MADISON, Wis. — They shuffled into a Kohl Center locker room in mid-December disappointed but not defeated. Wisconsin’s basketball team was only hours removed from a frustrating 60-50 loss at Marquette, but here players were, holding an impromptu meeting to air their grievances on a rare day off.
Wisconsin’s record was 6-4, and the Badgers had dropped out of the top 25. More than three months remained in the college basketball season. The Big Ten schedule hadn’t even begun. And something needed to change before the season swerved off the rails.
Badgers senior Mike Bruesewitz, who missed the Marquette game with a concussion, had organized the gathering with the backing of Wisconsin’s other seniors. It wasn’t a conference meant to point fingers at specific players. Instead, it was to determine what the team needed to do differently to achieve positive results and which players could better utilize their strengths.
Article continues below ...
“It was just we’ve got to share the ball more,” Bruesewitz recalled this week. “We’ve got to make sure we lock people down. We’re not going to outscore everybody and we’ve got to trust the coaches and make sure we stick to their plans because if we kind of stray off it, we saw what would happen, and it wasn’t a very good result.”
Players say the meeting served as a turning point in a season that now has the potential to become something special. Wisconsin (20-8, 11-4) stands just one game out of first place in the Big Ten as it prepares to play host to Purdue (13-15, 6-9) on Sunday at noon. Since the meeting, the Badgers have gone 14-4.
“I felt a turnaround after those team meetings,” Wisconsin senior J.D. Wise said. “When we all sat down, it was like open floor. No matter whether you were a freshman, sophomore, junior, senior: What’s your take? What do you think we need to do to be getting better? And I feel like it brought us closer because it took down that barrier. There were really no quarrels between people, but we needed to break down that barrier to help our team flow a little better. I honestly feel like ever since those meetings, we have been a cohesive unit.”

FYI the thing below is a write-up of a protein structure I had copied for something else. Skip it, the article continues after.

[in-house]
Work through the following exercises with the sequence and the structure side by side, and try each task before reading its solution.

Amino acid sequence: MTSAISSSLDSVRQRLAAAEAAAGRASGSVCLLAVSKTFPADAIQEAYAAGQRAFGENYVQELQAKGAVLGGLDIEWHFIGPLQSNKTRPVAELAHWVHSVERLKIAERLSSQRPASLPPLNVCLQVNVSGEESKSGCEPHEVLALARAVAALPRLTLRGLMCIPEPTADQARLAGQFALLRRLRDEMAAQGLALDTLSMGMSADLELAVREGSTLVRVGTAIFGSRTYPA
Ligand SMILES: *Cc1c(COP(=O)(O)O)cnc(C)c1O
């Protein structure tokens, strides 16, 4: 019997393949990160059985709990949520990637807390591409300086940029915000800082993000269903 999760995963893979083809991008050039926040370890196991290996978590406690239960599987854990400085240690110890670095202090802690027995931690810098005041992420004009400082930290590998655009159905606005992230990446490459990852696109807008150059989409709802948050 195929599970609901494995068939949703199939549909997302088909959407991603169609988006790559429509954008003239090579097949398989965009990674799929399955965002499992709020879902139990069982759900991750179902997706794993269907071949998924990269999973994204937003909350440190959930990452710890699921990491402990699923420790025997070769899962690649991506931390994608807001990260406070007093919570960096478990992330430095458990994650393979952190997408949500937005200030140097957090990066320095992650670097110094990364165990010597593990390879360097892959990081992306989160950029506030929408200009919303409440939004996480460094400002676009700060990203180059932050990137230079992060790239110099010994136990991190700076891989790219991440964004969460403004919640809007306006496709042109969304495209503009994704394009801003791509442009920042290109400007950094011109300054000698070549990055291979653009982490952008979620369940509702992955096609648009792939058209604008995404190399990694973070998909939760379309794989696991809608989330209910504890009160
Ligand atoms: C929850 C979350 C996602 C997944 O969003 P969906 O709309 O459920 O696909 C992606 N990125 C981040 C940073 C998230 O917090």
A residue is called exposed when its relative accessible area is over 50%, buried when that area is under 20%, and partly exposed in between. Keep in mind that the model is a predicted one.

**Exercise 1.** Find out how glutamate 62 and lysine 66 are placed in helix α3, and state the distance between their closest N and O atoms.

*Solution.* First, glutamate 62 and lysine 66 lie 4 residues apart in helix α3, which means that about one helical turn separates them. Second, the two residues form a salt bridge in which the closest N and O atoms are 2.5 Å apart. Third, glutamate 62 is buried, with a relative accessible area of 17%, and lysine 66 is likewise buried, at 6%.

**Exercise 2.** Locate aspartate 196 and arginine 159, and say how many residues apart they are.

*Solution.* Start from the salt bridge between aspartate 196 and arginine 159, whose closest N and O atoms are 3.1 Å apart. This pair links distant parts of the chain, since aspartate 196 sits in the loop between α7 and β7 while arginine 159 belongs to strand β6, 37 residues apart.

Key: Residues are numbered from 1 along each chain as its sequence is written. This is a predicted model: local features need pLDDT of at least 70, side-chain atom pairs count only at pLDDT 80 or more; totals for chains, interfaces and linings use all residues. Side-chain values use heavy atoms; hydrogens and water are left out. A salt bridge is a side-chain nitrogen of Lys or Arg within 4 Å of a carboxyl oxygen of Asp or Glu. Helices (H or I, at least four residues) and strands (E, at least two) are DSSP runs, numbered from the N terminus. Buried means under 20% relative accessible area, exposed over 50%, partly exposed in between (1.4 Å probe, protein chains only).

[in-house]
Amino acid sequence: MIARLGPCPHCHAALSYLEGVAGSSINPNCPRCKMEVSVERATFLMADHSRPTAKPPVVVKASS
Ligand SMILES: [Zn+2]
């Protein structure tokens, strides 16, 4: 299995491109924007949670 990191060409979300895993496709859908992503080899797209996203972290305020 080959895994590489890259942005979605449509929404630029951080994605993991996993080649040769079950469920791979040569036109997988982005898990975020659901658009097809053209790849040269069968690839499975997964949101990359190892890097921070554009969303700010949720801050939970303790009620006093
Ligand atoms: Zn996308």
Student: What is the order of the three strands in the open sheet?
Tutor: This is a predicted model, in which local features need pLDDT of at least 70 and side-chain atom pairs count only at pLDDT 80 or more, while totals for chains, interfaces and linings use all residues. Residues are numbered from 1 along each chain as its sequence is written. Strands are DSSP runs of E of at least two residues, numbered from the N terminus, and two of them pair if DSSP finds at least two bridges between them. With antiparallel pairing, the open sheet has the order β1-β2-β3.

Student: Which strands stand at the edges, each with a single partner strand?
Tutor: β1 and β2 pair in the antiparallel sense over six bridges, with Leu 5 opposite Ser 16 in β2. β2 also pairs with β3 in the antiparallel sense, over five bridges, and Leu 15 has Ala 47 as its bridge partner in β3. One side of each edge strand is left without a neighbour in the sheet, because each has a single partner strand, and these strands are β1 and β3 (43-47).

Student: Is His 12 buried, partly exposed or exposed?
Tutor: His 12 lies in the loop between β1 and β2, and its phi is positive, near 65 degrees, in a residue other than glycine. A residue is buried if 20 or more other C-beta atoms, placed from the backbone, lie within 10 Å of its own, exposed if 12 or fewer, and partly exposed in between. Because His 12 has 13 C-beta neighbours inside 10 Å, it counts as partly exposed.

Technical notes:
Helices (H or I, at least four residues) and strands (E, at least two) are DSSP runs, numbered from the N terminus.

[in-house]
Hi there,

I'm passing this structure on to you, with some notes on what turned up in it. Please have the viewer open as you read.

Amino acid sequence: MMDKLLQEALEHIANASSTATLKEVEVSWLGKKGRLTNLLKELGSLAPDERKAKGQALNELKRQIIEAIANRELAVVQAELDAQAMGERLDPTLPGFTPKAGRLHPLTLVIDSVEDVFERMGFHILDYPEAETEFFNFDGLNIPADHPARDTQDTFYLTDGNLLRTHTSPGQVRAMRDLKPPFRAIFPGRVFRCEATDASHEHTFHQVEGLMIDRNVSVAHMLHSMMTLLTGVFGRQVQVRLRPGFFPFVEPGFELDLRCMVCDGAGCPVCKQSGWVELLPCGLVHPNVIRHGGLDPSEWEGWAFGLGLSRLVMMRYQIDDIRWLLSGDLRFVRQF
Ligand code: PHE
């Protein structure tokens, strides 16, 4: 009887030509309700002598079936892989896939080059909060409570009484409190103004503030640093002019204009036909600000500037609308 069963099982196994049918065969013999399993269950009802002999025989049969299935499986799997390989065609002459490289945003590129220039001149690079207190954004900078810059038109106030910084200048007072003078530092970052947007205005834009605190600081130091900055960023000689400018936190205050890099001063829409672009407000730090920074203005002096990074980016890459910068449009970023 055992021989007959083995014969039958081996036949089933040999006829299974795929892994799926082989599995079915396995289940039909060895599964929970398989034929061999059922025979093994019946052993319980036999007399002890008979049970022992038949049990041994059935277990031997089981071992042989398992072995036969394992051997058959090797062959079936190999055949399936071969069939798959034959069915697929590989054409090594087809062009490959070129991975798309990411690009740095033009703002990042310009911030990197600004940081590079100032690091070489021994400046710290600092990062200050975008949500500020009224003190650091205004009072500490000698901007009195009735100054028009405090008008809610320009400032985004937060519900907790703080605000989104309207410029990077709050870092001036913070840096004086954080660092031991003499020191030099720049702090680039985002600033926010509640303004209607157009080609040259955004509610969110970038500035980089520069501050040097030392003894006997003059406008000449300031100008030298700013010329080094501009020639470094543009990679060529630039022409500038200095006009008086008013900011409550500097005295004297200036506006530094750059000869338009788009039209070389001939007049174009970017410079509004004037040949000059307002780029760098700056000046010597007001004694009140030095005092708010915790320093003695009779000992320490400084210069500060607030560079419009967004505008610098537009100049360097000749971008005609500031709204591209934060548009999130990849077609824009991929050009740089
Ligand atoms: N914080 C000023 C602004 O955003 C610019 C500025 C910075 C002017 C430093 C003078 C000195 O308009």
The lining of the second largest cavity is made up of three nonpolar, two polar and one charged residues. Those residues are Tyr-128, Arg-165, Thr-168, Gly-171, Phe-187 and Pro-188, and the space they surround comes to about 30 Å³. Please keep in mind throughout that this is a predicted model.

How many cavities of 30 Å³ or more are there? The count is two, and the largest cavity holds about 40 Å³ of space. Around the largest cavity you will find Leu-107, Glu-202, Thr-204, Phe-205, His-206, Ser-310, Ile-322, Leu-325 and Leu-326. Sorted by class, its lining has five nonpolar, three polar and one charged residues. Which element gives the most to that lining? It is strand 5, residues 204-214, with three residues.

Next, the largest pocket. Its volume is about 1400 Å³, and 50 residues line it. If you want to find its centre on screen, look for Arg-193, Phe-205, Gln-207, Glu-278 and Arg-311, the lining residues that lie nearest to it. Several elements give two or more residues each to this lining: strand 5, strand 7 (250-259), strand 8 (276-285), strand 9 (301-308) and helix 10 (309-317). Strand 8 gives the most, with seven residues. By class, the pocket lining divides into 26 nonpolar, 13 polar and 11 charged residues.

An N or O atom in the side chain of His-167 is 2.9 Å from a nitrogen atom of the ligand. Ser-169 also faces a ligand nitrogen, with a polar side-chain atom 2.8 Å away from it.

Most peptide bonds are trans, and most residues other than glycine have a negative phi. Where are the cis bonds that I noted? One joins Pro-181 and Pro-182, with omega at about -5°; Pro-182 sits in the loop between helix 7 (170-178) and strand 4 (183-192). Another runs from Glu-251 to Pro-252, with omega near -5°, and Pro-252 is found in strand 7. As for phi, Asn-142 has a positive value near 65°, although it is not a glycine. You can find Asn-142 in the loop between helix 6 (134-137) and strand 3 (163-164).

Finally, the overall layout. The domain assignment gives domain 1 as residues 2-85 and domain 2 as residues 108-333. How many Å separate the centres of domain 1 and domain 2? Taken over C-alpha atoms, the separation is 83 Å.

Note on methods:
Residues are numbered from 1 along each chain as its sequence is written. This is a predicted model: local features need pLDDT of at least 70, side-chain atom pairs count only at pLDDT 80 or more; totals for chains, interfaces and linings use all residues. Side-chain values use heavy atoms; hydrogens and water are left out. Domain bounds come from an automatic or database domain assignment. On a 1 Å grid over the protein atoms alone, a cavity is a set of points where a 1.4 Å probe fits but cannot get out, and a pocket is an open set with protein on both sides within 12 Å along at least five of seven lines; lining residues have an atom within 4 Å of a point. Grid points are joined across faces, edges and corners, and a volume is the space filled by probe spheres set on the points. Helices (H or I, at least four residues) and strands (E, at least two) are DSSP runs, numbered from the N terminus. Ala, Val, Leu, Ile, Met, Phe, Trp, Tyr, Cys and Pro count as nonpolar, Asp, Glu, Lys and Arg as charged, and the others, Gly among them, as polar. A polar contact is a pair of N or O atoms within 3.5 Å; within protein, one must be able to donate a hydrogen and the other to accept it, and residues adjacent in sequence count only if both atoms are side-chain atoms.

This is the type of senior leadership Bruesewitz, Jared Berggren and Ryan Evans has brought to the team. The three frontcourt starters will be honored on Sunday as part of senior day festivities, along with walk-ons Wise and Dan Fahey.
Not every team has players willing to speak up and stir the pot, but these Badgers were fortunate in that regard. If not for team-only meetings, who knows where they would be now?
“It was kind of a time for younger guys to grow up, for us older guys to set a better example and lead better, and we just kept working and found a way to turn things around,” Berggren said. “Now we’re in a pretty good position to close out the season.”
Among the major points of emphasis was how the team could regain its confidence. Wisconsin was still adjusting to playing with Traevon Jackson and George Marshall as point guards after the team unexpectedly lost starting point guard Josh Gasser for the season with a torn ACL on Oct. 27. Gasser stepped into the meeting and made pointed suggestions to both players about how they could better lead the team.
“I’d say probably me and Mike were two that talked the most,” Berggren said. “Josh had some things to chime in, too. Obviously with him being out with his injury, it’s tough for him to have a huge effect. He’s obviously been through the drill a few times and has some good experience. He saw some things I think especially for George and Trae, some of the younger guards, that were kind of learning and going through their struggles at the time. We just tried to be leaders.”
This season, Berggren, Bruesewitz and Evans have certainly done their part on the court. The three have combined to average 28.8 points and 19.9 rebounds. Those numbers represent 42.7 percent of the team’s scoring and 52.9 percent of the team’s rebounds.
It hasn’t been the easiest ride for any of the Badgers’ frontcourt starters during their careers. Berggren injured his right shoulder as a freshman and missed considerable time. Bruesewitz lacerated his leg in October and missed two games before his concussion forced him out of two more games in December. And Evans has endured tremendous struggles at the free throw line this season, shooting just 41.4 percent after being a career 71.1 percent free throw shooter before the season. He also sprained his right knee this week and is questionable for Sunday’s final home game.
“They’ve answered the challenge that the other seniors have over the years as far as setting a good example, working hard, persevering,” Badgers coach Bo Ryan said. “Who’s persevered more than this group? …
“I always tell them, the next 60, 70 years, you’re going to be going through some of the same things. Maybe not the exact issues, but there’s always a light at the end of the tunnel. You keep working, keep doing the right things, good things will happen.”
This season offers further proof to the seniors that possessing the right attitude — and a willingness to challenge the status quo — can result in something memorable.